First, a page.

Considering that, who gives a shit what they like, or think about what Franzen doesn't? He thinks more (and better) than they do, so my thought is they hate being on his list of dislikes. I say lump it, assholes.

Ann, you should check out Franzen's The Corrections. It's dark, but very, very funny,...

The Crack Emcee said...

Damn - roesch/voltaire beat me to it - that's three in a row today.

Alright, I'm re-grouping,...

Trashhauler said...

Does anything important happen on Twitter that I won't quickly see in other media?

Blue@9 said...

Does anything important happen on Twitter that I won't quickly see in other media?

Well, you're more likely to see first-hand reports that aren't filtered by the MSM. It was rather interesting to watch the feeds when Egypt was going down.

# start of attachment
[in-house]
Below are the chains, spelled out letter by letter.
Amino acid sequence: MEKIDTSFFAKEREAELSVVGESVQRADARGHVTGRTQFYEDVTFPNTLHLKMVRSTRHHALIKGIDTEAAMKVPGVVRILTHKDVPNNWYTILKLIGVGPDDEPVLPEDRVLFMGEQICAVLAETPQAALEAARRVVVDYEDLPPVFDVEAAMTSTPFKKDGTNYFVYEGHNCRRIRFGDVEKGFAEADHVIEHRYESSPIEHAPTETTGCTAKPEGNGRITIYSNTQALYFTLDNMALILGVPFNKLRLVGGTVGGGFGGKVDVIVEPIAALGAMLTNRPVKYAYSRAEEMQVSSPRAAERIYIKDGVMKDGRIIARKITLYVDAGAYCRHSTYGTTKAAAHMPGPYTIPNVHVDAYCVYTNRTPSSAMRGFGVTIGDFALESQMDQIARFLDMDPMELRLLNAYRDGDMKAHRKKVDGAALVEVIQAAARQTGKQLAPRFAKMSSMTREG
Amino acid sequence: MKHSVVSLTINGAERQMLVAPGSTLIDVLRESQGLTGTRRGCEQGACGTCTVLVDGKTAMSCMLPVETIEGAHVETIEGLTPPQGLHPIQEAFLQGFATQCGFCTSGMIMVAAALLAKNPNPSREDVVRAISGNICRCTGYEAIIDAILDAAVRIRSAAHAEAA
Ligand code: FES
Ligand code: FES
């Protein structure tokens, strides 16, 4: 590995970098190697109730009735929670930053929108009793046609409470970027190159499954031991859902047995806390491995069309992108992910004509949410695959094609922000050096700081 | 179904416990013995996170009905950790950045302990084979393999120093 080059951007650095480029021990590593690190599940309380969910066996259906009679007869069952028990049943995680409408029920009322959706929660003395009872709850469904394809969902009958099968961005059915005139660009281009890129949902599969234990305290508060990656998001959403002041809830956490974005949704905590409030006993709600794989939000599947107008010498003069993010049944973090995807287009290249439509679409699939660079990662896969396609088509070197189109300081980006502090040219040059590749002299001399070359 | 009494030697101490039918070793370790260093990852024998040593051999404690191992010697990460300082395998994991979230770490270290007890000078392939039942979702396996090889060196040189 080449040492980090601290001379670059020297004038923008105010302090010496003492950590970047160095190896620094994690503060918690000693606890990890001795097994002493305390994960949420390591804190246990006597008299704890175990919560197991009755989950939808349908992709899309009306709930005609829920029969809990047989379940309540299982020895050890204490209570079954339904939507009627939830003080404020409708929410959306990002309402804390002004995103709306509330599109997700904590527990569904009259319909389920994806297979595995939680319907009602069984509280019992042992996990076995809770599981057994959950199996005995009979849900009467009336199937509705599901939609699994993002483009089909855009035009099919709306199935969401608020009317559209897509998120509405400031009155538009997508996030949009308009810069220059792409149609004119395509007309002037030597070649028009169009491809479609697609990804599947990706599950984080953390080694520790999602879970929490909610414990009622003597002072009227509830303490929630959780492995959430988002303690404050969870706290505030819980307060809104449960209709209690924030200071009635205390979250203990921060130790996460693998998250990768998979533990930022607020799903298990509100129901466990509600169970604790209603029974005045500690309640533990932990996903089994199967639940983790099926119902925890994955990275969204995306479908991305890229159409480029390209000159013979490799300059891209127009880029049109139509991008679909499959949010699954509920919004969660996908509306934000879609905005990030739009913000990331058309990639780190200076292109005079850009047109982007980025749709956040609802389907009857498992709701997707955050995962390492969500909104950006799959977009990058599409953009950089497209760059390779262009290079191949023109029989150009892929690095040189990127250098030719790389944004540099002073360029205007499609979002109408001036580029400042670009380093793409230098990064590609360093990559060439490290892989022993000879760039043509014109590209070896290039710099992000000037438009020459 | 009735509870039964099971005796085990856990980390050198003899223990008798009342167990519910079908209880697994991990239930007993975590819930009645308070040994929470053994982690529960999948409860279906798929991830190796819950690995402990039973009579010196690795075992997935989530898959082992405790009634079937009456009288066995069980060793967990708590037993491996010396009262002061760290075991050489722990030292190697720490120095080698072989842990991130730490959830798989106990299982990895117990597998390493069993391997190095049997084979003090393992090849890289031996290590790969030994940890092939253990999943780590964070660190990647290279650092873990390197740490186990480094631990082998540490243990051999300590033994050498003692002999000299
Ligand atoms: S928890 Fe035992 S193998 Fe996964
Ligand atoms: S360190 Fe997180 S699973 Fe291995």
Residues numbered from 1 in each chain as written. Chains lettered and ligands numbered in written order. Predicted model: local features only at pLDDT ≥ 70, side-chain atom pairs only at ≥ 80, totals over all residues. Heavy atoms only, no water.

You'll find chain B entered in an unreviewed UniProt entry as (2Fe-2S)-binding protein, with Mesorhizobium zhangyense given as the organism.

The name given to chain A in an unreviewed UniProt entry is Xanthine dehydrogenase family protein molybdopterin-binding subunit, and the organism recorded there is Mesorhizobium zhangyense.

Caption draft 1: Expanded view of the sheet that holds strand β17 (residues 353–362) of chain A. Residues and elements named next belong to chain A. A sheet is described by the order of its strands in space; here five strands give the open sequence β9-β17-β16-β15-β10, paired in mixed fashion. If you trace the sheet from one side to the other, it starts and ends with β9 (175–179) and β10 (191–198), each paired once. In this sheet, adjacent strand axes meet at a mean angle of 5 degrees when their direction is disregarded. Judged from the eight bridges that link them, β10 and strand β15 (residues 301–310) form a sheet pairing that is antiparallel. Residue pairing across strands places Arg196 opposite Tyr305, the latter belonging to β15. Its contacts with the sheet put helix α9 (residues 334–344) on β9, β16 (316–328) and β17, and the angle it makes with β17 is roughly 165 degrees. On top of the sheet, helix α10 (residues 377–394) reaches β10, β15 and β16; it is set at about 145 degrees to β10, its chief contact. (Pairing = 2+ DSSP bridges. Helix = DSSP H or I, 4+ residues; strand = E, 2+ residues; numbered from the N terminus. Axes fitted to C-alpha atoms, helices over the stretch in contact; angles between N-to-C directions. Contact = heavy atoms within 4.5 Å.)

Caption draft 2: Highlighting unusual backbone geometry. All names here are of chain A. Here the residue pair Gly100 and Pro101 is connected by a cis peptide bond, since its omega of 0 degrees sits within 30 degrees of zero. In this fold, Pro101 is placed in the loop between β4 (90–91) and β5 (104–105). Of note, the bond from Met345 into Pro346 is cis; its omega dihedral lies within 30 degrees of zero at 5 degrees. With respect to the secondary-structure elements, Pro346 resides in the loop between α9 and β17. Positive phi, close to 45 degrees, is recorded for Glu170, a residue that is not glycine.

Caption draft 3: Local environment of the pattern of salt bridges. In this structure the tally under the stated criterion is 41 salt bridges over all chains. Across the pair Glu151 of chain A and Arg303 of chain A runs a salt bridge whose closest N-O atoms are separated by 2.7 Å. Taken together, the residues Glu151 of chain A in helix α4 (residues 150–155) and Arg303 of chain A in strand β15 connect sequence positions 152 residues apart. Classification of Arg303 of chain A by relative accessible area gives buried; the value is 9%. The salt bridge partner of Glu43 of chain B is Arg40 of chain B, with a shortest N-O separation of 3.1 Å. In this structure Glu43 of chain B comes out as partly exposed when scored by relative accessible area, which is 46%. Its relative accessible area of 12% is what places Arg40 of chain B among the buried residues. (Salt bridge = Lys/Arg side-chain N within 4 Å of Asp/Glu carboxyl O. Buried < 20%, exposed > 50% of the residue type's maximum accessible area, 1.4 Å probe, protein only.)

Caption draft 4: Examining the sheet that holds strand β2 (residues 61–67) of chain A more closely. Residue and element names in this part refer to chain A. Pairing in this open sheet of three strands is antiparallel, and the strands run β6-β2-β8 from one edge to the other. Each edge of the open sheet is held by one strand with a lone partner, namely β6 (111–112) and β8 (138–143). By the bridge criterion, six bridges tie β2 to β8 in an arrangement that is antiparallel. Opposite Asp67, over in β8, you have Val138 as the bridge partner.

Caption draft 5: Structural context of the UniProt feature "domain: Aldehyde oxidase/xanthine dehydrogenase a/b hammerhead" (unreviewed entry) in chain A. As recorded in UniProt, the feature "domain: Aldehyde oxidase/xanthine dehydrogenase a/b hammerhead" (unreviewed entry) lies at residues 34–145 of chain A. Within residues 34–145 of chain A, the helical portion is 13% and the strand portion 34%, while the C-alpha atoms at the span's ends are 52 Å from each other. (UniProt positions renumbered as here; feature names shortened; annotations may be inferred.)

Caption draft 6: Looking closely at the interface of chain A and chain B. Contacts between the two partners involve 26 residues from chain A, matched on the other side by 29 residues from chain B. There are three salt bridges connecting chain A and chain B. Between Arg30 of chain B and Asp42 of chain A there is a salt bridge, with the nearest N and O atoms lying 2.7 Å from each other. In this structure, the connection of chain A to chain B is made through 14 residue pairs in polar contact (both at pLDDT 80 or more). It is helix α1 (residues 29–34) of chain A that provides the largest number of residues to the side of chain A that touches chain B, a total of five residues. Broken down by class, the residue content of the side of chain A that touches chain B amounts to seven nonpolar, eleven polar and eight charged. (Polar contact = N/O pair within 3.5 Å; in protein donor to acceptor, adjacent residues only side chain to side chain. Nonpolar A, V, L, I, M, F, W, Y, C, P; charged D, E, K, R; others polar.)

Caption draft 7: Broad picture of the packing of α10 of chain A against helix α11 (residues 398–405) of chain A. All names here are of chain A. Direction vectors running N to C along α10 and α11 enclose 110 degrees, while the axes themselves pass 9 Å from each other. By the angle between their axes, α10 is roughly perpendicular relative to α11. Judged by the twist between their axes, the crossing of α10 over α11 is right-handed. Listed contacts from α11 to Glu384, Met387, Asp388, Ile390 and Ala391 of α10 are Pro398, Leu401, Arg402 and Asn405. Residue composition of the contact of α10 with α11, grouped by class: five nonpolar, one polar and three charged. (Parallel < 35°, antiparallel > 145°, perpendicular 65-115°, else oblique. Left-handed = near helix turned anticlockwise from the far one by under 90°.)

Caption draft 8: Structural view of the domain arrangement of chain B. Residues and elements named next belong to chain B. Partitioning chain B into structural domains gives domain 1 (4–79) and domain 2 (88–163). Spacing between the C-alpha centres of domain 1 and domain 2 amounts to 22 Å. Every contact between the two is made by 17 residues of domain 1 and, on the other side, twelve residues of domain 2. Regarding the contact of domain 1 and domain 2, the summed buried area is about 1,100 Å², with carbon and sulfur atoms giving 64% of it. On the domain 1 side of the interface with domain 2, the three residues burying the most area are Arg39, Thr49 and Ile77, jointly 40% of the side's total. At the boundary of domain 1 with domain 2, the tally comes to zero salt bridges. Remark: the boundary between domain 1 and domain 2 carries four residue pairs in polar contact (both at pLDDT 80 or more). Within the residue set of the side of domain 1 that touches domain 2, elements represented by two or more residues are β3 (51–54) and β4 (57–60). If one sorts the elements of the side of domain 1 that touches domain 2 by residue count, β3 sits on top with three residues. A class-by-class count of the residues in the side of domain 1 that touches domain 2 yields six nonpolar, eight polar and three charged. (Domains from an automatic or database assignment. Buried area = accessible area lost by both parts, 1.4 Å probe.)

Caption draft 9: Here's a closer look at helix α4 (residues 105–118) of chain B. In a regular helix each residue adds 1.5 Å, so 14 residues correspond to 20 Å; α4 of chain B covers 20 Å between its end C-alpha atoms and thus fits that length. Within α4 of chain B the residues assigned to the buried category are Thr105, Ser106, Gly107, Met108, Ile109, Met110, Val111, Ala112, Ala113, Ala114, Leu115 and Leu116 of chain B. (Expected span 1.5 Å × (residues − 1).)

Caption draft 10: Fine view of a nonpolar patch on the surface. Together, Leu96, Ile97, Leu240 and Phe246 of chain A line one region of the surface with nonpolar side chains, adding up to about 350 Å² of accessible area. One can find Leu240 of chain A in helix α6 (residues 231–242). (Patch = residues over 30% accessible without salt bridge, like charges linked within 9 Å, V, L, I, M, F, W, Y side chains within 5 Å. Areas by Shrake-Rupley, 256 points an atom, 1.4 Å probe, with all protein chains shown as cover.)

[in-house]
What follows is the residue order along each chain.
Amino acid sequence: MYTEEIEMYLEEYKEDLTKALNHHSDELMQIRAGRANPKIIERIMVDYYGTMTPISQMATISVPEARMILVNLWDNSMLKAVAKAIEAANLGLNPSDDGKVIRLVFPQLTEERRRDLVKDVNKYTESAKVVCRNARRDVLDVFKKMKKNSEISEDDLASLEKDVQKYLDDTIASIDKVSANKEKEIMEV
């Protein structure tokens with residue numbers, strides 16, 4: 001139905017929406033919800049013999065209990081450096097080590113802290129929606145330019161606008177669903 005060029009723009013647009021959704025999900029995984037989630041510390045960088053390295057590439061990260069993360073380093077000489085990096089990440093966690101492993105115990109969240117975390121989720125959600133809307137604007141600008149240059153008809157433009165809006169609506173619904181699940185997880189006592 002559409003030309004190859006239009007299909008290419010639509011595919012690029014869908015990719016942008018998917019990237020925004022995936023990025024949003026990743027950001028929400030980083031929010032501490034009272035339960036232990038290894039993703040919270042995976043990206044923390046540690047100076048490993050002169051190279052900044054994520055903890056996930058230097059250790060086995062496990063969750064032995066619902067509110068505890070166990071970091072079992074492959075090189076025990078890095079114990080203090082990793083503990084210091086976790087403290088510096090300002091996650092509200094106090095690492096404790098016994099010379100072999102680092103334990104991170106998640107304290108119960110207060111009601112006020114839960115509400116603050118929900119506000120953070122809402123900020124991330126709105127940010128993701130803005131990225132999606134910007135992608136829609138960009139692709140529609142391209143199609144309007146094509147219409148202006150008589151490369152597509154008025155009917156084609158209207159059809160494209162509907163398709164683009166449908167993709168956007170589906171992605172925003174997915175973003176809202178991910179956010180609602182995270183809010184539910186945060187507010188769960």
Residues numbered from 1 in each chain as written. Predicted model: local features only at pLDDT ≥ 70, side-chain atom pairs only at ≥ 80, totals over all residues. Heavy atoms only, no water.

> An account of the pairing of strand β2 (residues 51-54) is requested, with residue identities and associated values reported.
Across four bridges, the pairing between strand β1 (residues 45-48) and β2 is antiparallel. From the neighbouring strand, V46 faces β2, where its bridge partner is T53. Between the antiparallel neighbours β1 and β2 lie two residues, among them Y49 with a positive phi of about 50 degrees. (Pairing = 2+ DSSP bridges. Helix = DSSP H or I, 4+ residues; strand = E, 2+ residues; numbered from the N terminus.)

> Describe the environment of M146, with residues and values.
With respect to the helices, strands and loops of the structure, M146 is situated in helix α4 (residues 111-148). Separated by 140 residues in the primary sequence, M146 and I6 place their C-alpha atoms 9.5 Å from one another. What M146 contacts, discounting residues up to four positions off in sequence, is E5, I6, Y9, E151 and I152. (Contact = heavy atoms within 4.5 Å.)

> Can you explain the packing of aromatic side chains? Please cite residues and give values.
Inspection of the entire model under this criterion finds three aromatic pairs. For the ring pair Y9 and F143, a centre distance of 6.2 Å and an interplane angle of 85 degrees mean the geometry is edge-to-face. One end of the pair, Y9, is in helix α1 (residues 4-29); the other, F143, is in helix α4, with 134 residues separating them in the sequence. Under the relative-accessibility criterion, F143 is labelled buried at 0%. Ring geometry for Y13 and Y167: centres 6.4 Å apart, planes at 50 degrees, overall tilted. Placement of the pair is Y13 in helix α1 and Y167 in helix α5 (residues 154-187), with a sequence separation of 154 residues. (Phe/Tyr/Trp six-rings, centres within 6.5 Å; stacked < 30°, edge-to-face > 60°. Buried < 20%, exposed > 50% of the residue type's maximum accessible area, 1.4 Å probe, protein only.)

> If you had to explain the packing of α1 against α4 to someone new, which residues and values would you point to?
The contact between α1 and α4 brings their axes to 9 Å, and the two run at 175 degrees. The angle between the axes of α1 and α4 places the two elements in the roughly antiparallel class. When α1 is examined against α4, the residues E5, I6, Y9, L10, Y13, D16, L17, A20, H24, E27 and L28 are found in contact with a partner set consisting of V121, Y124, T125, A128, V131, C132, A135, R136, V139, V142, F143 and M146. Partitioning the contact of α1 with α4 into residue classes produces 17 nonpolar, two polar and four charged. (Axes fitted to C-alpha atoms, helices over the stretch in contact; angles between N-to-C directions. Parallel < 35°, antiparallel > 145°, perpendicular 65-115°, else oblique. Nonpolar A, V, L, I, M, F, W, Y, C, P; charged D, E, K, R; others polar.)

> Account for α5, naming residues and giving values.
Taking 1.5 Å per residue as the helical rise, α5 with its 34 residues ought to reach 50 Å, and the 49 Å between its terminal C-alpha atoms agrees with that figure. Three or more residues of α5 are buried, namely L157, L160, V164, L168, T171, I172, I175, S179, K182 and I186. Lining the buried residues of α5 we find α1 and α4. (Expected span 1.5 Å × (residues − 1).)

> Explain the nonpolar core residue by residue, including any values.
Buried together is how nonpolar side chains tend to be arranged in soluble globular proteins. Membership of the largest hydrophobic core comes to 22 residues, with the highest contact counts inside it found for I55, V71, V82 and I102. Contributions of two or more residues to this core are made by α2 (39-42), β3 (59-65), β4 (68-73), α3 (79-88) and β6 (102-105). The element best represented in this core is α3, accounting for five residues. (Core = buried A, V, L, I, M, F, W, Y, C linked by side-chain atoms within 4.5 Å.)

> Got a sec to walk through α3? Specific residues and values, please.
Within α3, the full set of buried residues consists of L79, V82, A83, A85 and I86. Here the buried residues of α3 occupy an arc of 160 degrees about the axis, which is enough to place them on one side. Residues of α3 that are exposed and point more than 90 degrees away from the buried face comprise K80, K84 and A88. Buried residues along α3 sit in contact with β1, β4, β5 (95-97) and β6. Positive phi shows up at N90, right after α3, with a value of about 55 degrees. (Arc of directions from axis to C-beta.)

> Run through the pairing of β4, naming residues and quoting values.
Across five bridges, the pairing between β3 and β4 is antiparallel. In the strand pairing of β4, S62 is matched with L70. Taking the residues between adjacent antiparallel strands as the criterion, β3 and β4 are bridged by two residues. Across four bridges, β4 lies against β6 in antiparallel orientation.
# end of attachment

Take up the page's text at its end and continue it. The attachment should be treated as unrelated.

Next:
What makes Twitter interesting is not necessarily what any one person is saying or that it's limited by 140 characters, but rather that it's the HAM radio of the modern age... except that nearly everyone has a transmitter and receiver. And you can randomly seek out the broadcasts on topics you choose, as opposed to scanning a dial. Think about that for a second. It's a really interesting communication method, and the more you think about it the more fascinating are its implications.

Barry Dauphin said...

And how would you characterize a man who writes 600-page novels that are inward-looking and contemplative, if that man dearly cares about having a readership?

Perhaps as wealthy

Holmes said...

RT Brevity is the soul of #wit